The value of the information provided by balloons ran up against the endemic intelligence problem of interpreting what was seen, and the fog and dust of war made seeing no easy matter. The Union corps was disbanded after 1862 and balloons played no further part in the war — but the perspective they offered powerfully affected nineteenth-century aesthetic, social, and political sensibilities. In 1871, the English scientific aeronaut James Glaisher celebrated what the balloon had achieved: “it has done for us that which no other power ever accomplished; it has gratified the desire natural to us all to view the earth in a new aspect.” True, tall peaks had been climbed, but as Flammarion wrote:

The grandest and most sublime view seen from the summit of a high mountain . . . bears no comparison to the beauty of nature as seen perpendicularly from the regions of space. Thus only can we perceive the beauty and grandeur of nature in all its sublimity.

The “Earthrise” photograph taken by Apollo 8 in 1968 became an icon of the environmental movement, but it was with balloons that, as Holmes writes, “Man’s growing impact on the surface of the planet for the first time became visible.”

Seeing earth from a new point of view made a strong impression. More surprisingly, so did hearing it. Some of the most lyrical passages in the genre of balloon writing are accounts of the receding terrestrial soundscape. Drifting above the Surrey countryside in 1863, even the scientifically restrained Glaisher was moved to aerial idyll:

The cheering cry of children was frequently heard above all other sounds. Geese cackled, and, frightened, scuttled off to their farms; pheasants crowed as they were going to roost, and as we approached the end of our journey packs of dogs barked in the wildest state of excitement.

Gliding at night over Belgium in 1836, the British balloonist Charles Green and his crew reported on the Industrial Revolution made eerily audible. They were, Holmes says,

gradually overwhelmed by the thunderous machine noise, the choking industrial smells, and the haunting sound of men below still working on the night shifts. There was disembodied shouting, coughing, swearing, metallic banging and sometimes, weirdly, sharp echoing bursts of laughter.

The soundscape of a metropolis offered a particular political resonance. For Glaisher, London from a mile high sounded “like the roar of the sea.” And from 7,000 feet, “the roar of the town . . . was a deep, rich, continuous sound — the voice of labour.”

Aeronauts repeatedly said that the earth below looked like a map, and here it was a fortunate historical accident that the cartographic convention of portraying territory from above — from a view that, it was thought until the 1780s, no one could ever have — was available to frame views from a balloon that no one had ever had before. Early balloonists, that is, for all their amazement, knew what to see when they looked earthward. The smallness of big terrestrial things was soon taken as a matter of course — people were “ants” and buildings were “toys” — but other features of the view de haut en bas were less expected and richer in implication. Here it all was — cathedrals, castles, and working-class houses, town and country — “standing side by side in friendly juxtaposition,” as one English balloonist put it, “mixed up together in the one scene” as if conjured “by the magic virtues of some great enchanter’s wand.” The high and the low, from the balloon’s perspective, were seen on a level. “All perception of comparative altitudes of objects on or near the ground is lost,” Glaisher noted, “and the whole has the appearance of a plane.”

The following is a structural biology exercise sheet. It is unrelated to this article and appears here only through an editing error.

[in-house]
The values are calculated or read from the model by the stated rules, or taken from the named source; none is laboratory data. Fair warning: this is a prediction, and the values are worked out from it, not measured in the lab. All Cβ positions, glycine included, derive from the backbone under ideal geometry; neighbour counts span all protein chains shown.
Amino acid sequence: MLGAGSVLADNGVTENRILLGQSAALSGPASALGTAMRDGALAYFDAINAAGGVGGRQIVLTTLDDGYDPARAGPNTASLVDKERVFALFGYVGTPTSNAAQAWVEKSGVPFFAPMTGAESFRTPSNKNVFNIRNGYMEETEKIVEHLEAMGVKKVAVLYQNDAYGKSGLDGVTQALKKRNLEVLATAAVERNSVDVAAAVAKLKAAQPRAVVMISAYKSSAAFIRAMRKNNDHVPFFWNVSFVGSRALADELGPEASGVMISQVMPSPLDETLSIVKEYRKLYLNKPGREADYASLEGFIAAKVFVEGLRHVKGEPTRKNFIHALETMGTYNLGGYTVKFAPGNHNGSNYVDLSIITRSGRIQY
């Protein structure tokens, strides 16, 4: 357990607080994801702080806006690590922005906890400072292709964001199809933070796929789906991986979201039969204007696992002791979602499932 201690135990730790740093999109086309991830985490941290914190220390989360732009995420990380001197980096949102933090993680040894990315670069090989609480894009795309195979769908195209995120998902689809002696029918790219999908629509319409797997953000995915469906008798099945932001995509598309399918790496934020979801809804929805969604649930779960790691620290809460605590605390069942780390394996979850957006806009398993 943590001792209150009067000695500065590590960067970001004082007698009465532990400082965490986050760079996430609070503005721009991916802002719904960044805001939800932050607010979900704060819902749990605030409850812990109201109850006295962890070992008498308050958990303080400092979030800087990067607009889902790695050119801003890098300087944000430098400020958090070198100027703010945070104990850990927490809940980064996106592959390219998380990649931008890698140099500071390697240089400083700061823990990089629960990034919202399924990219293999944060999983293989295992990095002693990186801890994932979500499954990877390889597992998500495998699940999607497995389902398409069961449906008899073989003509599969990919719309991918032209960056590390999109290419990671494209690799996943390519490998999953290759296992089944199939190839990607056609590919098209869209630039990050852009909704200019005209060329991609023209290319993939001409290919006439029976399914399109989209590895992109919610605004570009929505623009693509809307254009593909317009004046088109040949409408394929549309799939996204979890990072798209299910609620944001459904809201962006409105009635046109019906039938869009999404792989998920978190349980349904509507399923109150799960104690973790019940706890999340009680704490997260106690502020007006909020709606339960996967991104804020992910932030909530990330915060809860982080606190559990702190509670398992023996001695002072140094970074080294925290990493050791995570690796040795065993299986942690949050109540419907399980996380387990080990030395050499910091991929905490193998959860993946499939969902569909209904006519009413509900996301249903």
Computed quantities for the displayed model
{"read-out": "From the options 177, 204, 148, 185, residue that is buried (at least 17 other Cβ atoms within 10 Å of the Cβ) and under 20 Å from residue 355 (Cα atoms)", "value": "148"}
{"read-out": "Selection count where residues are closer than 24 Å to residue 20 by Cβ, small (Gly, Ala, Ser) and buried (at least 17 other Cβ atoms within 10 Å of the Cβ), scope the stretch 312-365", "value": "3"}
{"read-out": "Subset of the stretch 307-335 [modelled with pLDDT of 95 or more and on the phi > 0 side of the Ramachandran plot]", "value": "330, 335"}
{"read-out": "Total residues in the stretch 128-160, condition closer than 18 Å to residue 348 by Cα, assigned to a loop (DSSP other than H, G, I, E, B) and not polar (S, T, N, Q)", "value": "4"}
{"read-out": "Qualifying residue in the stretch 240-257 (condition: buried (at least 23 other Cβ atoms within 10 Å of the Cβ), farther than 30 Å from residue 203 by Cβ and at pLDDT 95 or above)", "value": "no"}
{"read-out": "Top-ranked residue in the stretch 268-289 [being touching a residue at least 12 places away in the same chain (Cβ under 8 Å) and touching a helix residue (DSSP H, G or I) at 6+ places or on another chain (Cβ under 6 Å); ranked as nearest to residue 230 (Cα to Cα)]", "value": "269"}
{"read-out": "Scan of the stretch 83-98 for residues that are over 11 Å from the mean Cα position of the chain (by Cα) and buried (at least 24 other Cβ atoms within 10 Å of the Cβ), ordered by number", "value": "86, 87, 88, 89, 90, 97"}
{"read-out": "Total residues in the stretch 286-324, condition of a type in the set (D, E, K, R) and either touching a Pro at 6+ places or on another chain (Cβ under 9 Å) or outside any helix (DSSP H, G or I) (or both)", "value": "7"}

The politics of the balloon’s leveling perspective gripped Romantic and radical imaginations. A cat may look at a king, and from the balloon you could look down on whomever and whatever you wanted. A balloon ignored national borders; it needed no passport; it inspired thoughts of freedom in the earthbound, the oppressed and enslaved. Percy Shelley fancied that a balloon appearing in the skies over Africa “would virtually emancipate every slave, and would annihilate slavery forever,” and Victor Hugo promised that ballooning would bring about “the liberation of all mankind,” “universal peace and freedom.”

Holmes doesn’t find this entirely ludicrous: air travel and satellites, he writes, “are the sine qua non of our global civilization; and space flight may yet become the final means of its salvation.” But that’s going a bit too far. By the end of the nineteenth century, the future lay, Holmes acknowledges, not with the gaseous cloud but with the heavy mechanical bird. Holmes breaks off his story with the emergence of new technologies for taking to the air — engine-powered dirigibles and fixed-wing aircraft, both of which were rapidly recruited into military arsenals and profit-making enterprises. The zeppelin was never intended as a platform for Romantic imaginations and airplane travel far above the clouds has long ago lost whatever romance it once had. But the propane-fired hot-air balloon is still with us: you can go up in one on a summer evening, floating in a most peculiar way, marveling at the peace and serenity, looking down on the throb of modern civilization. And then you come back to earth.

teaches history of science at Harvard.